Our first blog post of the New Year looks back at an important case the Texas Supreme Court decided in 2019, and its potential impact on majority owners seeking to avoid fraud claims by new investors. See Int’l Bus. Machines Corp. v. Lufkin Indus., LLC, 573 S.W.3d 224 (Tex. 2019), reh’g denied (May 31, 2019). The case is notable because the Supreme Court reversed the trial court’s judgment following a jury trial that resulted in a fraud judgment against IBM in the amount of $21 million before IBM’s appeal.
The Supreme Court overturned the judgment, because in the parties’ contract, Lufkin Industries (the buyer of computer management software) had expressly disclaimed that it was relying on any misrepresentations that IBM (the software seller) had made about its software’s expected performance before the parties signed their agreement. Stated simply, the Court held in Lufkin that a buyer cannot pursue a claim for being defrauded into signing a contract if the buyer agrees to expressly disclaim in the contract that it was relying on any of the statements at issue.
The Court’s language was clear in setting forth the legal standard at issue that applies in regard to claims for fraudulent inducement.
Supreme Court’s Lufkin Holding
”Under Texas law, a party may be liable in tort for fraudulently inducing another party to enter into a contract. But the party may avoid liability if the other party contractually disclaimed any reliance on the first party’s fraudulent misrepresensations. Whether a party is liable in any particular case depends on the contract’s language and the totality of the surrounding circumstances. In this case involving a contract to purchase a business-management software system, we hold that contractual disclaimers bar the buyer (Lufkin Industries) from recovering in tort for misrepresentations the seller (IBM) made both to induce the buyer to enter into the contract and to induce the buyer to later agree to amend the contract.”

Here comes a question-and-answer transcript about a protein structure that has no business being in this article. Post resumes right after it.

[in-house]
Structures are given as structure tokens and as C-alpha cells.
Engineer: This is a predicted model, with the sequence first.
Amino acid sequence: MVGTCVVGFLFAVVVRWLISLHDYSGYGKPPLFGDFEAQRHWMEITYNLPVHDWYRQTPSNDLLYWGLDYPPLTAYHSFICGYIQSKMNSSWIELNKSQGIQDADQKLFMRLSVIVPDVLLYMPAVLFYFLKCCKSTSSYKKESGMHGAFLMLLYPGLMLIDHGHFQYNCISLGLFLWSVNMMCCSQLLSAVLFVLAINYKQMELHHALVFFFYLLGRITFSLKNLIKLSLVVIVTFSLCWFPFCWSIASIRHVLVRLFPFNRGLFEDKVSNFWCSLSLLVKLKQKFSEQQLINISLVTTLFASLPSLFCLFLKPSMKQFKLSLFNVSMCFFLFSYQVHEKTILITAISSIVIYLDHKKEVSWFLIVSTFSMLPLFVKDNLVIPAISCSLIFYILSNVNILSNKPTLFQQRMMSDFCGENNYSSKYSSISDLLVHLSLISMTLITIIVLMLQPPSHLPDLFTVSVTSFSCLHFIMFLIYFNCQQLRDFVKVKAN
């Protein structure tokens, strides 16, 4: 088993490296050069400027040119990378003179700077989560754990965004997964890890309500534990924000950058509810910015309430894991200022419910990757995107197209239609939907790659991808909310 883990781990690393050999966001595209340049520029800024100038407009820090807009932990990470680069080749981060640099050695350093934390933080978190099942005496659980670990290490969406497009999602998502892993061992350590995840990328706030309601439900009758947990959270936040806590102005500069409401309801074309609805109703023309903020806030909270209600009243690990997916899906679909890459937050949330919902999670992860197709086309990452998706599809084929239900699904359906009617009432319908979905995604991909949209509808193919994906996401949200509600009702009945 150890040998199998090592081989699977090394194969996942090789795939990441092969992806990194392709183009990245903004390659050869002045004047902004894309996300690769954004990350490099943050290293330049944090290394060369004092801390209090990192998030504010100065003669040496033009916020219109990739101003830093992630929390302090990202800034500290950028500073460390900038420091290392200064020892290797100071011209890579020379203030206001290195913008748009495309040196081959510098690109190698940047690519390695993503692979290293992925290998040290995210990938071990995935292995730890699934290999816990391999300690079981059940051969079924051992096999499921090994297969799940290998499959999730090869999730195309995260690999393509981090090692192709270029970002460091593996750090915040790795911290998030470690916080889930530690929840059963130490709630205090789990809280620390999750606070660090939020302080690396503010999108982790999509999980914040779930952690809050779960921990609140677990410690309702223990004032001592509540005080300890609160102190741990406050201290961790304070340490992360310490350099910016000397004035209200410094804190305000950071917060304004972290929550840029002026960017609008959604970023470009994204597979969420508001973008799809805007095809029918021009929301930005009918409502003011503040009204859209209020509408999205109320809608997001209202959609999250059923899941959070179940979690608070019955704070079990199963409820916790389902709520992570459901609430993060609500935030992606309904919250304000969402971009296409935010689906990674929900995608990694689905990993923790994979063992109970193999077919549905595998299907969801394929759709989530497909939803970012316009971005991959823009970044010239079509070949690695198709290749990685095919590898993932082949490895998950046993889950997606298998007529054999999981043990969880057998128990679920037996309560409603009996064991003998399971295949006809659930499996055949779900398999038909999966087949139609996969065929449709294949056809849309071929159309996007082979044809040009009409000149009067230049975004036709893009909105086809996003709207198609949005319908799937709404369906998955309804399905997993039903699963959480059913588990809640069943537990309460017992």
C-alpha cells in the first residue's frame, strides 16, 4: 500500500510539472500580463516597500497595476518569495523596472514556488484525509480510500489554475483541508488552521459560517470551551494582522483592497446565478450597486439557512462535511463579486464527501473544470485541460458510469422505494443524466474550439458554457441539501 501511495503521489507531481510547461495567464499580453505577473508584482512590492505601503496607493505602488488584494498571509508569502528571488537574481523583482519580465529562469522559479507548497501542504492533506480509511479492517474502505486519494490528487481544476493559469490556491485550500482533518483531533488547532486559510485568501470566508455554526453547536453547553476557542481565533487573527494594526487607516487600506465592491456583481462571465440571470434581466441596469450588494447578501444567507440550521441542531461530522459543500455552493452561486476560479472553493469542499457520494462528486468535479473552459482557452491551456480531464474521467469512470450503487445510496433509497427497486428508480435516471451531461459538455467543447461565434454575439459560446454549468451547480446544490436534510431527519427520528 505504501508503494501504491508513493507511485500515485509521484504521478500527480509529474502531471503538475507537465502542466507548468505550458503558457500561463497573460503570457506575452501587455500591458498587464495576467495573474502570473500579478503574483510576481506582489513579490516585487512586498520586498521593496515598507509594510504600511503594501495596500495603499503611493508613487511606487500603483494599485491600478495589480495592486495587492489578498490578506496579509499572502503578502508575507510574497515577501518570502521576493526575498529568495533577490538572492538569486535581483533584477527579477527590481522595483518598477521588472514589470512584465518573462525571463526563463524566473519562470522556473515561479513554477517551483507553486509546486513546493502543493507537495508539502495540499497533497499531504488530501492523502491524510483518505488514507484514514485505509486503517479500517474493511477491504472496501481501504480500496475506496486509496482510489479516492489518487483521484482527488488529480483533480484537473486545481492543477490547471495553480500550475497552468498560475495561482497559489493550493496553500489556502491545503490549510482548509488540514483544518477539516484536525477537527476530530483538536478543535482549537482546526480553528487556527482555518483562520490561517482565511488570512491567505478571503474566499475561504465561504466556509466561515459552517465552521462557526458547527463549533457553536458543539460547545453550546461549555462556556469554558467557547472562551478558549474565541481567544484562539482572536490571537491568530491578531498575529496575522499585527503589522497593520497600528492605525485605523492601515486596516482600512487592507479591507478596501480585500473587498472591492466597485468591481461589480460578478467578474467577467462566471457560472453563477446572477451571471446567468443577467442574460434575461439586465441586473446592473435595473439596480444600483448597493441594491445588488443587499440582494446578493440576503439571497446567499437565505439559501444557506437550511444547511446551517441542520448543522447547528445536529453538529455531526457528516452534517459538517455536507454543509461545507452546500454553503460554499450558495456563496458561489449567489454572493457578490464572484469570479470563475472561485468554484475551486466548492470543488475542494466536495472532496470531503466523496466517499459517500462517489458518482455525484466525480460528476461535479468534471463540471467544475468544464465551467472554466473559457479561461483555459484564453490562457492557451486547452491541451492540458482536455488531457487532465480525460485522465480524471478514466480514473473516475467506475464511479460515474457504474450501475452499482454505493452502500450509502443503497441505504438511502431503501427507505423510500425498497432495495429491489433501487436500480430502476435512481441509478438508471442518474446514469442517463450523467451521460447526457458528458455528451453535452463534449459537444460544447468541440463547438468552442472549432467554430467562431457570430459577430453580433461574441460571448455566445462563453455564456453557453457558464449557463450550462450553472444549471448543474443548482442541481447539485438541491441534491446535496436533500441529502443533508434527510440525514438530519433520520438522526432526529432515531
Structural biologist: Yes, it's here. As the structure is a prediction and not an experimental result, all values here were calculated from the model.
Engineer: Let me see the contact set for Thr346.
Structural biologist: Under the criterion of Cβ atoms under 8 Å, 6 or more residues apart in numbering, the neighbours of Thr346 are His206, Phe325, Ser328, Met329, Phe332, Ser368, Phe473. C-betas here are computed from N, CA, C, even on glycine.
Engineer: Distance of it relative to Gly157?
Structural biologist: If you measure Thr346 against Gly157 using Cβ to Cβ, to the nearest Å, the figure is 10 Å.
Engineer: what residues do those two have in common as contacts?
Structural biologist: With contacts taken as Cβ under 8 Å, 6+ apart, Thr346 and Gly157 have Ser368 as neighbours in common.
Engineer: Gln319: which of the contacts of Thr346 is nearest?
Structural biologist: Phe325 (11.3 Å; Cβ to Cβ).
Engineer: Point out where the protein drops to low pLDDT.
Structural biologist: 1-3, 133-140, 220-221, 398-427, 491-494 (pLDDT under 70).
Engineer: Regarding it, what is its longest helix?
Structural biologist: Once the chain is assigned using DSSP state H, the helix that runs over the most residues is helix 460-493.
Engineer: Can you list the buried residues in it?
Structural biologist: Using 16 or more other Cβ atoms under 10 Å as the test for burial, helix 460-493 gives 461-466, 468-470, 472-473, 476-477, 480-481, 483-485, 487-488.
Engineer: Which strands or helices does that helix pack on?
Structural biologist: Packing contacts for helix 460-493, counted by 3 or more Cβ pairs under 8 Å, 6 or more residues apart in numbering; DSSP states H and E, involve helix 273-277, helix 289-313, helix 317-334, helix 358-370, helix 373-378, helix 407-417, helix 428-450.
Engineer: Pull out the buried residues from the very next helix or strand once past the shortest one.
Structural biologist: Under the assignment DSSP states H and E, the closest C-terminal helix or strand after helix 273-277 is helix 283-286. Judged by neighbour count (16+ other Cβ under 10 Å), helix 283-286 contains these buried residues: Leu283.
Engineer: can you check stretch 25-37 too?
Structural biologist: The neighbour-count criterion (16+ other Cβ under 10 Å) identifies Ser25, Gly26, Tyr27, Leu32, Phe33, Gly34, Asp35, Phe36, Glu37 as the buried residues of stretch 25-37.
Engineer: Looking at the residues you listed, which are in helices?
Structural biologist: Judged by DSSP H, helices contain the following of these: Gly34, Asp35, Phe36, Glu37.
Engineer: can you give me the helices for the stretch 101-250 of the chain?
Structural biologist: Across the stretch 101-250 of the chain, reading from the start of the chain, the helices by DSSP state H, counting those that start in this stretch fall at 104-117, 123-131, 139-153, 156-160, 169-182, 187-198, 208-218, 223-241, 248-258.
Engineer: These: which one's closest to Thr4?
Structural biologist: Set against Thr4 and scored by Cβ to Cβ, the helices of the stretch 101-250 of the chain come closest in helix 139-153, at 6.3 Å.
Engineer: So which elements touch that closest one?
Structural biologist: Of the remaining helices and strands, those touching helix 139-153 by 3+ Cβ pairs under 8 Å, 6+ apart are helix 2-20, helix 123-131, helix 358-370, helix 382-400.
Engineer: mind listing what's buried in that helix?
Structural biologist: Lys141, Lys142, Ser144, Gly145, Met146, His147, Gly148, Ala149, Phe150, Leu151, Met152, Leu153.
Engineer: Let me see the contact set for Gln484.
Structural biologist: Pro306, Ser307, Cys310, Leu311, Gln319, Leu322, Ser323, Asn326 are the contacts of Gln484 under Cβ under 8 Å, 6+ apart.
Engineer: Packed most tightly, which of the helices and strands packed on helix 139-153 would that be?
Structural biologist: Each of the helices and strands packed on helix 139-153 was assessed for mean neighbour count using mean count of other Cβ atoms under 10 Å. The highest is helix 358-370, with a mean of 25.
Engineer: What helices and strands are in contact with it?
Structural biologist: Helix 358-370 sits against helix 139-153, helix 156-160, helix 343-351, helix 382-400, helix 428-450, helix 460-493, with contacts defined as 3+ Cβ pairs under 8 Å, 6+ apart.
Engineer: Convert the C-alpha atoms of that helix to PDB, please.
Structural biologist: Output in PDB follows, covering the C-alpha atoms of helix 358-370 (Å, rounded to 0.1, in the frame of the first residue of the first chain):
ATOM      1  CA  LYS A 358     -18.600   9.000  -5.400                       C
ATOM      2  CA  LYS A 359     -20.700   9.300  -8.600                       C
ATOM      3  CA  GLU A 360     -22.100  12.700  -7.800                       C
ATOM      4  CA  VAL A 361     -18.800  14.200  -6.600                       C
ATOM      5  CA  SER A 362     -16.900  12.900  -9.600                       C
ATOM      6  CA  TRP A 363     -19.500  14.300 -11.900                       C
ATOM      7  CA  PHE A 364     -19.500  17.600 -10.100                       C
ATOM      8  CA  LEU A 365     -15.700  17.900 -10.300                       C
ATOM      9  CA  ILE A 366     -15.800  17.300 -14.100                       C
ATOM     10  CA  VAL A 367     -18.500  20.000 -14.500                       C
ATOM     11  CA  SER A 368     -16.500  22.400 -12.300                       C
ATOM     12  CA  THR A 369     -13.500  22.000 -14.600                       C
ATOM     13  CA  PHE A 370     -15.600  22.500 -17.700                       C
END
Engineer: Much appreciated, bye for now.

This post will focus on the guidance that the Supreme Court has provided in the recent Lufkin case for majority owners who are considering bringing new investors into the business.
Elements of Disclaimer – Factors the Court Considers
The Court in Lufkin made clear that it was not eliminating all claims for fraud based on the standard merger and integration clauses that are set forth in contracts, but it held that “a clause that clearly and unequivocally expresses the parties’ intent to disclaim reliance on the specific misrepresentations at issue can preclude a fraudulent inducement claim.” The Court cited with approval on this point, its previous decision issued ten years earlier in Forest Oil. See Forest Oil Corp. v. McAllen, 268 S.W.3d 51, 60-61 (Tex. 2008)(emphasis added).
According to the Court, not every disclaimer is effective, and courts “must always examine the contract itself and the totality of the surrounding circumstances when determining if a waiver-of-reliance provision is binding. See Forest Oil, 268 S.W.3d at 60. The Court stated that in deciding if a particular disclaimer provision will be upheld and require dismissal of a fraud claim, trial courts should consider whether:
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